Last month's headlines read, '30-year-old man dies after attending covid party thinking virus was a hoax.'
"They are being very egocentric. They're not thinking about how their actions could affect other people," said Licensed Therapist Jaime Bronstein.
She believes young people go to covid parties either to be exposed because they fall into peer pressure or they truly believe the virus doesn't exist.
"They also don't have a very strong impulse control. And that's because their prefrontal cortex is not fully developed. And it's not fully developed until they're 25 years old. And that's responsible for making the right and wrong decision," she explained.
Bronstein says many attending these parties are young single men going through the 'Young Male Syndrome.'
"They just love engaging in high-risk behavior such as high-speed driving, doing illicit drugs, doing the tide-pod challenge, the cinnamon challenge, and in this case, going to a covid party," she said.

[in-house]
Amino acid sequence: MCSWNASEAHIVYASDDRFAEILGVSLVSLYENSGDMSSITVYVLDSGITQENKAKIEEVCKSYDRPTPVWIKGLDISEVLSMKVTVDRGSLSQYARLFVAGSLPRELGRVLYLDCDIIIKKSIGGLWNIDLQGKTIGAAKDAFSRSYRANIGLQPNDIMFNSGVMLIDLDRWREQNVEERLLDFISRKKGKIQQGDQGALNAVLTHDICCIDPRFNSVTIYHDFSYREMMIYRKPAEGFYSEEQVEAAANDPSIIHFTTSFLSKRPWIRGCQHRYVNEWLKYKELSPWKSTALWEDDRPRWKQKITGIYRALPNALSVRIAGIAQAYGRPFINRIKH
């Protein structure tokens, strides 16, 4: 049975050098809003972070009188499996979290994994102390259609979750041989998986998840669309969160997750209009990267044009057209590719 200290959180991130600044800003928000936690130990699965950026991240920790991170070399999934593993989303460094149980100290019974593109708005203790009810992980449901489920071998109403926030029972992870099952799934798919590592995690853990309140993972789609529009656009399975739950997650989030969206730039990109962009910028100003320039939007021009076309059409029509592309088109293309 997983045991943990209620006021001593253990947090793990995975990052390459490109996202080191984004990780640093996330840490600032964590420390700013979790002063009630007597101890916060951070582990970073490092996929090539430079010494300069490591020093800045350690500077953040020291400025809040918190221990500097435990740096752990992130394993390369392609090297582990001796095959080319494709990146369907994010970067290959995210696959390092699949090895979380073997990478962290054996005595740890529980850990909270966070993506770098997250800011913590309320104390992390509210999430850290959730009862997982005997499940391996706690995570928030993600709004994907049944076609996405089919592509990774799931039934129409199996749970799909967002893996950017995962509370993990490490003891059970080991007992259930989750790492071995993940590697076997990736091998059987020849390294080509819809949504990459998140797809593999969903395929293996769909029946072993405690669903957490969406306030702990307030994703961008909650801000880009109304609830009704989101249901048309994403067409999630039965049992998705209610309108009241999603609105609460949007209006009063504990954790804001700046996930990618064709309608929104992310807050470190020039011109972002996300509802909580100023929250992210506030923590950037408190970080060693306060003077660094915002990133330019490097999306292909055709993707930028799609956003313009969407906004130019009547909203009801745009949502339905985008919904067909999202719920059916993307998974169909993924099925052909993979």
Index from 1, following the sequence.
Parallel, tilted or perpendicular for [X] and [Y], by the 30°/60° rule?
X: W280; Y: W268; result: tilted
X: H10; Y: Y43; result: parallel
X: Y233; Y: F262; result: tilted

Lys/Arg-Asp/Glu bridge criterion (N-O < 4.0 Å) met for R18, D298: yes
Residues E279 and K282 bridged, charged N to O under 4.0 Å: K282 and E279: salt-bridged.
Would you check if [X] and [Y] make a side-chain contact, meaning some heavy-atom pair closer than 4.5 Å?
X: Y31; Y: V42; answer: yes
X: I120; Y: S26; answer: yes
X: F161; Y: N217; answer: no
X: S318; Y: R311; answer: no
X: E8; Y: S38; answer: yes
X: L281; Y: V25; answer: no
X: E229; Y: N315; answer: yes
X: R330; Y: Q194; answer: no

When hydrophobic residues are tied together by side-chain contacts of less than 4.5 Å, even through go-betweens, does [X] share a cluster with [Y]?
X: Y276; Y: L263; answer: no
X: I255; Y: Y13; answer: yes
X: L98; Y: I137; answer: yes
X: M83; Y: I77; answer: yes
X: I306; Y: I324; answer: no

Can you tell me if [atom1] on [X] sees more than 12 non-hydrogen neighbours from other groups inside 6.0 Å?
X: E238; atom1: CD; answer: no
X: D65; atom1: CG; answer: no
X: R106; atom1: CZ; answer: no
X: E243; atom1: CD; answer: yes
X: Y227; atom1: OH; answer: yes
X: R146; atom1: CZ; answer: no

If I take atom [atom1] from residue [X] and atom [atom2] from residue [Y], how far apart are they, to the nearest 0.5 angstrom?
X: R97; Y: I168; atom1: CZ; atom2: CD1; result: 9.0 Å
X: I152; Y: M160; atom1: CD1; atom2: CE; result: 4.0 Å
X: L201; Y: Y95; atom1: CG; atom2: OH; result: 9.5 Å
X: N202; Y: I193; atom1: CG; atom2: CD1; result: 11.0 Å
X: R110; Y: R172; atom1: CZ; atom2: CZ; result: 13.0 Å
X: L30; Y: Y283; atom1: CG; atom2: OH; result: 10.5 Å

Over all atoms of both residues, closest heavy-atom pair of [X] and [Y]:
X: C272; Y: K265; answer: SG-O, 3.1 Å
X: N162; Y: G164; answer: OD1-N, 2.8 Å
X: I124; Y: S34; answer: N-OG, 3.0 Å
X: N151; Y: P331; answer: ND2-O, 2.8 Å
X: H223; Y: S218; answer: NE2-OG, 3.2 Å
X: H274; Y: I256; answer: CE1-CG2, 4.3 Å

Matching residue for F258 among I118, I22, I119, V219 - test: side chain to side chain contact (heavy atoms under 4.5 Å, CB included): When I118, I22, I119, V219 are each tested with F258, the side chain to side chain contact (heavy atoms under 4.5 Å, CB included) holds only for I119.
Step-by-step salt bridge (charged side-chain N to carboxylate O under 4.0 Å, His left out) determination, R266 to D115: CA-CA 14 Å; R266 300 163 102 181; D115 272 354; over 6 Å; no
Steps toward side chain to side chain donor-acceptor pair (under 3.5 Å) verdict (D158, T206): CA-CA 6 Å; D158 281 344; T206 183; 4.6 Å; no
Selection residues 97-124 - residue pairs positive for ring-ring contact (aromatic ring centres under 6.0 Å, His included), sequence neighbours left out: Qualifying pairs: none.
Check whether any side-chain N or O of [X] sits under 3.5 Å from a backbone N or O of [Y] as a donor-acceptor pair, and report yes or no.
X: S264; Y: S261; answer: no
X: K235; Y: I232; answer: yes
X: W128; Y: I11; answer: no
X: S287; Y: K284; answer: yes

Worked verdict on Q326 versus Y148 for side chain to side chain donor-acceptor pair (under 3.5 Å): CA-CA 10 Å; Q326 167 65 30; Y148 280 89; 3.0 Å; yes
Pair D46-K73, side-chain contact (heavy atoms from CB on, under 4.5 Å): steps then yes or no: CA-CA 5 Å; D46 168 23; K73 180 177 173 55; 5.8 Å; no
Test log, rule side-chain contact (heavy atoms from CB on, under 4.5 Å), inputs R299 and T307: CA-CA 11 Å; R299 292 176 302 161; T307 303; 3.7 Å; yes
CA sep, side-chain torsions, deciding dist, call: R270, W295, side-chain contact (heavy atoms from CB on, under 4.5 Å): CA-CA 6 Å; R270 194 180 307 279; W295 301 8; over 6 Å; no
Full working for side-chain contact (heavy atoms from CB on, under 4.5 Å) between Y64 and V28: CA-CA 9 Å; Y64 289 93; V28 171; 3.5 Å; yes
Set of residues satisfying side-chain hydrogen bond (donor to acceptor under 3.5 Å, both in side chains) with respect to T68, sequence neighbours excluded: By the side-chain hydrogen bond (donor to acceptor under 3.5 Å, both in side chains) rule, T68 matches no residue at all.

Here in the Tampa Bay area, we've seen young people lining up outside local establishments without masks and not social distancing.
So how can parents get their kids to realize, they're not invincible?
"First sit down with your kids and have a discussion about decision making and consequences. And you want to be able to talk with your children, not to them. You want them to feel seen and heard and you really want to listen to them," she said.
And if you have adult friends not following CDC guidelines?
This social worker recommends going into the conversation without any judgment.
"You don't want the other person to feel defensive. And basically just go in with compassion. I care about you. I don't want anything bad to happen to you," she said.
Bronstein gives advice on how to better handle the stress of this pandemic on her website: www.therelationshipexpert.com.
She also has a blog and a radio show, where she gives advice on other mental health issues, which are also on her website.